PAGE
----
Claudia La Bianca never took an anatomy drawing class. Instead, her lessons about the human form were learned as a child. Night after night, the wide-eyed, golden-locked dreamer sat backstage at her big sister's lingerie fashion shows in Sicily, where she gazed at beautiful, scantily clad models strutting on the catwalk.
"Our parents never stopped us from expressing ourselves through art," La Bianca says. "Our town was small-minded, but we had freedom as kids."
Born into a relentlessly artistic family, La Bianca flitted through countless creative disciplines before arriving at her true calling: street art. Though she initially earned less than a couple hundred dollars per week — barely enough to cover the expense of paint — the gritty, tattooed feminist quickly became a worldwide sensation, famed for her superhero-like murals that portrayed female empowerment. Now, at 39 years old, the mother of two says she's preparing to reinvent herself as an artist once again.
The youngest of four children, La Bianca grew up surrounded by artists: Her brother is a filmmaker, her sister a runway model, and her oldest sister a lingerie designer with clients such as Victoria's Secret and Calvin Klein. Soon enough, La Bianca became an artist herself, known as "the crazy kid in town who painted Sicily's walls."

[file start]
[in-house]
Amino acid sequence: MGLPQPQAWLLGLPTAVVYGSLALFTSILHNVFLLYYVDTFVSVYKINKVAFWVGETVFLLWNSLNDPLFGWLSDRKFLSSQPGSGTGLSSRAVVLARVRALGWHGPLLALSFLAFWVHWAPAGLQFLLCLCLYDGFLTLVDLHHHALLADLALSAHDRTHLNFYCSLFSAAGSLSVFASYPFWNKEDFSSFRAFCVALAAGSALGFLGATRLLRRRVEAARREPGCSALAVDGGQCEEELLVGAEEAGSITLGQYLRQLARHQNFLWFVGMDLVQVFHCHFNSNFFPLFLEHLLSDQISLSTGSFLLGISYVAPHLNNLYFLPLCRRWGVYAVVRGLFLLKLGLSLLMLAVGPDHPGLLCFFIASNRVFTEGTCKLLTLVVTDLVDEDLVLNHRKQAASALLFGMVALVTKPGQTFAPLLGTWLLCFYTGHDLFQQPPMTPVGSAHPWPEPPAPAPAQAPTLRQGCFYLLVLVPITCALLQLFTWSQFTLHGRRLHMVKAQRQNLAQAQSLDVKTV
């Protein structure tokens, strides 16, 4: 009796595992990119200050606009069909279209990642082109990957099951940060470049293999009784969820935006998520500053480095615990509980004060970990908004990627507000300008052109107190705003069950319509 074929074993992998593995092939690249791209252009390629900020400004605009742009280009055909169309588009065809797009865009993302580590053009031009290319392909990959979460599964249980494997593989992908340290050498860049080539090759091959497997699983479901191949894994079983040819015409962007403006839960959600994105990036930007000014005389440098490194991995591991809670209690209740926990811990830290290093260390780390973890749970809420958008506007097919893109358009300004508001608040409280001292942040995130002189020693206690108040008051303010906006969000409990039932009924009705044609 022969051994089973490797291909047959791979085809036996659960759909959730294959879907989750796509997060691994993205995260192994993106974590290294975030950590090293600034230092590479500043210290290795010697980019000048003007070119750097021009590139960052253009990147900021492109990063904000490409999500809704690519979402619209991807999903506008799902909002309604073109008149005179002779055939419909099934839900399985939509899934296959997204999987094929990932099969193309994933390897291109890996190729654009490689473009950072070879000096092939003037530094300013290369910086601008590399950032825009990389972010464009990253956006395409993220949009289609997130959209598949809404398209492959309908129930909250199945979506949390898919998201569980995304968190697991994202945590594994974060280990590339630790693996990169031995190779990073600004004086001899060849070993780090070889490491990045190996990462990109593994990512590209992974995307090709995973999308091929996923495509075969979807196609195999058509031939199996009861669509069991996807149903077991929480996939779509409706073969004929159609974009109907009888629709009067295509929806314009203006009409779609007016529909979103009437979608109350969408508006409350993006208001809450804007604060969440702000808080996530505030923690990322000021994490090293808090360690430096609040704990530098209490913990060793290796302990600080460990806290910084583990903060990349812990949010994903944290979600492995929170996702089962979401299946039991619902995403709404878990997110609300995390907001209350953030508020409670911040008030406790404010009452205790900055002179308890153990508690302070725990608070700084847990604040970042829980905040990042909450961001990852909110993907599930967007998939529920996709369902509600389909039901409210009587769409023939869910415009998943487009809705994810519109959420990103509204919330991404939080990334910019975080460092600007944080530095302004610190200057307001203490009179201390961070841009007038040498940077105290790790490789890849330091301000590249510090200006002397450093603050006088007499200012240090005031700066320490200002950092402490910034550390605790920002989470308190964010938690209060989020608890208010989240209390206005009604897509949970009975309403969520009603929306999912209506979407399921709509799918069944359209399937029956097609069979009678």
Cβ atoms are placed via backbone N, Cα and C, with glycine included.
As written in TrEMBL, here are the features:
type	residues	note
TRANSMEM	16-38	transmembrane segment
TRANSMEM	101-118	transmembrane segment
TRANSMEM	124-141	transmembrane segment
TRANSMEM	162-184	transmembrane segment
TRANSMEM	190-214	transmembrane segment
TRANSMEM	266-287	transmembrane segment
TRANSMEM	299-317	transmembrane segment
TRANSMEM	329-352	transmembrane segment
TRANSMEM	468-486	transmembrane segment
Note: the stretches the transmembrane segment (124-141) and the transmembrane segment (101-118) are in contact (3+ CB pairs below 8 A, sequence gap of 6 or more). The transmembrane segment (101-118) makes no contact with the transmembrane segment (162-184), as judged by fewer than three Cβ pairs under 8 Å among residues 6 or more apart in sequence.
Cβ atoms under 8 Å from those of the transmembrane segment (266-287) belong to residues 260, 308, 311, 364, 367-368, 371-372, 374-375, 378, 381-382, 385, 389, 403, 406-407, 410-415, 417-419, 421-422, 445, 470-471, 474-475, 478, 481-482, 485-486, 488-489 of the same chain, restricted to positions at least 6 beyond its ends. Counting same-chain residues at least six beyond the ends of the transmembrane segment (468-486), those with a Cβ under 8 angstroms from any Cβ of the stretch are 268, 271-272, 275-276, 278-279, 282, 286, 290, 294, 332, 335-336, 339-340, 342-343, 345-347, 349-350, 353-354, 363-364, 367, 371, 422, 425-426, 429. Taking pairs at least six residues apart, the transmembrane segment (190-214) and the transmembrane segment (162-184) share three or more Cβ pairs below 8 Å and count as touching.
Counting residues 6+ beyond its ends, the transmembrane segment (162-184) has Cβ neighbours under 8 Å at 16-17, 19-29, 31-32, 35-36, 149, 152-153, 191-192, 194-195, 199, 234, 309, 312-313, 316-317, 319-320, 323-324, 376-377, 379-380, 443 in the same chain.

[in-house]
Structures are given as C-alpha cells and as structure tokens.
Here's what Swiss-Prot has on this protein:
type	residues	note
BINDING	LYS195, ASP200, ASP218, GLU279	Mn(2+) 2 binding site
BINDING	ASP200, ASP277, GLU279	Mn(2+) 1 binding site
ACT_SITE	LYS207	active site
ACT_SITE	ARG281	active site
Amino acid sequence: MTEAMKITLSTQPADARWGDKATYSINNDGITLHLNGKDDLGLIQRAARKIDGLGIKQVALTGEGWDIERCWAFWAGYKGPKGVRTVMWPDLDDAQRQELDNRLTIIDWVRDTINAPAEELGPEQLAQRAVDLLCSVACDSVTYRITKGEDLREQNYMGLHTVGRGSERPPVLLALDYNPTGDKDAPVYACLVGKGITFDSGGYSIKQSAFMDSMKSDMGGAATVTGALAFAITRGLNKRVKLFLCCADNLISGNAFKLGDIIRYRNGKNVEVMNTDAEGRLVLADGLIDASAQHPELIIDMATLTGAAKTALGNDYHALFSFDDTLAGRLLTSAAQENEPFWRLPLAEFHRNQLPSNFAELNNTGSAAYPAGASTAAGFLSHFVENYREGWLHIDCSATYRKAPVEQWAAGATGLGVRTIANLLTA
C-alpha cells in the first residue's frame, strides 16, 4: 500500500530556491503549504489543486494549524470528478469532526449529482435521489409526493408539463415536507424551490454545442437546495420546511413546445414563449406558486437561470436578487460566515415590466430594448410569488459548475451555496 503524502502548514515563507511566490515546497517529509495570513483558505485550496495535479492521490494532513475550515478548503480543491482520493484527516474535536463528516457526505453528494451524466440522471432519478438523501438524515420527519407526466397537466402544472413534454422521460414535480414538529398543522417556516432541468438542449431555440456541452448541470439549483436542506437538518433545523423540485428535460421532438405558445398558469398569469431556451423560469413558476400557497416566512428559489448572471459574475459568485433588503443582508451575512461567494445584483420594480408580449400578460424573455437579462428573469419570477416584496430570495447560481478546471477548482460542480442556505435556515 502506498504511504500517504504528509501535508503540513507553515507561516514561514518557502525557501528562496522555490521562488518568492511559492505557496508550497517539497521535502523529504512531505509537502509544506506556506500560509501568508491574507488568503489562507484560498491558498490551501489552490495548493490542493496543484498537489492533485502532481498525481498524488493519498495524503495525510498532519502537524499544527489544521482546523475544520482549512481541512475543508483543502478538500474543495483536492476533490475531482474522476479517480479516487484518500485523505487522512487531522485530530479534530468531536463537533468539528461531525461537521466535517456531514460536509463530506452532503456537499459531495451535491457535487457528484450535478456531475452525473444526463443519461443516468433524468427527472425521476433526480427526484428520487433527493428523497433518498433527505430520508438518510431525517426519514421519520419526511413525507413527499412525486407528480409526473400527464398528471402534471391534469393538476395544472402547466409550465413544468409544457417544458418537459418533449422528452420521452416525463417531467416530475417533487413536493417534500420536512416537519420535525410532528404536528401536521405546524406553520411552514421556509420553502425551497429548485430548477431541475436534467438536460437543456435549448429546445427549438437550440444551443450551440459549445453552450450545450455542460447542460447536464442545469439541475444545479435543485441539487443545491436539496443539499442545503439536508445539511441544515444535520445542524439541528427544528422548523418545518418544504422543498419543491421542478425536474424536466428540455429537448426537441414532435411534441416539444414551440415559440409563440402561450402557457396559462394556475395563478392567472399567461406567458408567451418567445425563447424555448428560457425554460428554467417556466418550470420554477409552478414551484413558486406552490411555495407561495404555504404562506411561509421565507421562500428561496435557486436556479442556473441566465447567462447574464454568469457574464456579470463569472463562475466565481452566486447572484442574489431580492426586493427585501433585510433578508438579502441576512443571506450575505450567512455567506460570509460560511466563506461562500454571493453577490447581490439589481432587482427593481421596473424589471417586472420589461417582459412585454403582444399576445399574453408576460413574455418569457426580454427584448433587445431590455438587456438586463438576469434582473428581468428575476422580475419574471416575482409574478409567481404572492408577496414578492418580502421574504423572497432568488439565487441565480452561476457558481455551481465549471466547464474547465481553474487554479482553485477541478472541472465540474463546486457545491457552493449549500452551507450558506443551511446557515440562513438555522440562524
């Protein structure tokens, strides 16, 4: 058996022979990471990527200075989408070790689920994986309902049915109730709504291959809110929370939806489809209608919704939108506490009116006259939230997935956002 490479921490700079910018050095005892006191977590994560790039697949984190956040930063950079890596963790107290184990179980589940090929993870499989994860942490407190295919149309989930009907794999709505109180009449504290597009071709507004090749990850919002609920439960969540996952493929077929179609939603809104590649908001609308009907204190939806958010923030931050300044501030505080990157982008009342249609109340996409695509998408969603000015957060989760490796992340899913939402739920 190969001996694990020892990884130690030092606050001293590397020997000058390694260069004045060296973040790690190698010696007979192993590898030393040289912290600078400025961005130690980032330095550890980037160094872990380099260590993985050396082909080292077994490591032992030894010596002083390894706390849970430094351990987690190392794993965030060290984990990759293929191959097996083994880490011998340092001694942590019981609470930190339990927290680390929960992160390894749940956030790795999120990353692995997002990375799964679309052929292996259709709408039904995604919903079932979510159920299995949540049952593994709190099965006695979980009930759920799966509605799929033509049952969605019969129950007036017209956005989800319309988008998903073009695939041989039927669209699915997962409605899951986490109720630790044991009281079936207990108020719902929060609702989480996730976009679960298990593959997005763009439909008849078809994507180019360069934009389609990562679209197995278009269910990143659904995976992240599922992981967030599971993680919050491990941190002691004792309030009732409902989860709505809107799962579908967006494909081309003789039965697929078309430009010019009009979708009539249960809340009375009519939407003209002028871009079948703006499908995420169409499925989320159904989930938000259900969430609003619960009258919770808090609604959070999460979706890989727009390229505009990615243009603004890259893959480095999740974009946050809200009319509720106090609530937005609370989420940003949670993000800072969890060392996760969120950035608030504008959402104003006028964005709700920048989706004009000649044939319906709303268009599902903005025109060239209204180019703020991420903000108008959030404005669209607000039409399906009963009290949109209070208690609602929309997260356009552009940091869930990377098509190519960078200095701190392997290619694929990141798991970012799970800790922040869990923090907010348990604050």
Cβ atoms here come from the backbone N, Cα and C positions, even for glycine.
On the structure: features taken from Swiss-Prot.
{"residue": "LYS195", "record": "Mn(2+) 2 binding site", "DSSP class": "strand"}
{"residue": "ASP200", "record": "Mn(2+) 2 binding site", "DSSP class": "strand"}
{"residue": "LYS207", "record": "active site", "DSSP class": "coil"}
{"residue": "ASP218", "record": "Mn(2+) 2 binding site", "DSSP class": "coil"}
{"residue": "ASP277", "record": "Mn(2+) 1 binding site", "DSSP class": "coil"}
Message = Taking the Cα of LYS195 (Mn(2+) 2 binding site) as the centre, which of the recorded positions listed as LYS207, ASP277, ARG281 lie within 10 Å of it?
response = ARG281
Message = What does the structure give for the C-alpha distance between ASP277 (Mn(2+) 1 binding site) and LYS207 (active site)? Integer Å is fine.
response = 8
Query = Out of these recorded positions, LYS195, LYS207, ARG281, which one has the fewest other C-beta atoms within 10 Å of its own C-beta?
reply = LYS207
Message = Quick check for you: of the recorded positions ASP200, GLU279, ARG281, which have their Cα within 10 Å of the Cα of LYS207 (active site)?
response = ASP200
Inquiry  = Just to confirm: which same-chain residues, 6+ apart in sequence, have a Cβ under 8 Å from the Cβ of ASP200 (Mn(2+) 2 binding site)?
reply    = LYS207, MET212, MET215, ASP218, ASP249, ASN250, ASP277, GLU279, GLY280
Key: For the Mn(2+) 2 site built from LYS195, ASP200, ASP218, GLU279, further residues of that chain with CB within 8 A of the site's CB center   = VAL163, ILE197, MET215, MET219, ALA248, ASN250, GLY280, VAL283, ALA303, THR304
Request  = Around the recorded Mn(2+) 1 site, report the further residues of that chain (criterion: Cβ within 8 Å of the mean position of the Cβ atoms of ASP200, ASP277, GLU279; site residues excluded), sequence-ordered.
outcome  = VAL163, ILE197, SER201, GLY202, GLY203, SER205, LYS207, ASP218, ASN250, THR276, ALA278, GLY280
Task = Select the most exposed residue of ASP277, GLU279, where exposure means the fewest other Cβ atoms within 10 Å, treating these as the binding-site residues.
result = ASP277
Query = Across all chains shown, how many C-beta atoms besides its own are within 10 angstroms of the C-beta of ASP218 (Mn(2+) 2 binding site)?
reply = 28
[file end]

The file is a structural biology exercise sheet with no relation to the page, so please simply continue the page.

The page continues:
Unfortunately, in high school, she was bullied by her male peers for her weight. Tormented, she dropped out and in 1997 moved to Miami, where she became a club promoter for Living Room, Liquid, Crobar, and the Space Terrace.
Seven years later, her brother died. Grief-stricken, she applied for admission to the New York Film Academy in the hopes it would "bring him back into [her] life." During the next decade, she produced and directed national commercials, two feature films, and a television show for PBS. Her work drew attention from Oprah, DreamWorks, and Steven Spielberg, who scouted La Bianca for his reality show On the Lot in 2007.
Then, in 2014, one of her friends, a Wynwood gallery owner, asked if she would paint a mural for his building. On a whim, she agreed. "I hadn't painted in ten years, but the reaction I got was so amazing." Eventually, calls for commissions flooded in.
"I had found my way back to painting," she says.
Initially, La Bianca's pieces rarely sold for more than $100 each. Nonetheless, she persevered. "I figured if I could plant a mural in every corner of Wynwood like seeds, soon I'd have a forest."
Inspired by the sensuality and power in Italian expressionist Renato Guttuso's paintings and cartoonist Guido Crepax's comics, La Bianca began evoking female empowerment and independence in her own murals — themes that spoke to her female clients.
Before long, her portfolio included installations across Italy and in Philadelphia, New York, and Los Angeles. Her pieces sold for more than $4,000 each.
This past October, La Bianca discovered her newest passion: sculpting. "I fucking love it," she says, adding she hopes to show her sculptures in public squares and large exhibitions someday. "Instead of doing 30-foot-tall murals, I want to do 30-foot-tall statues. It's my new love."
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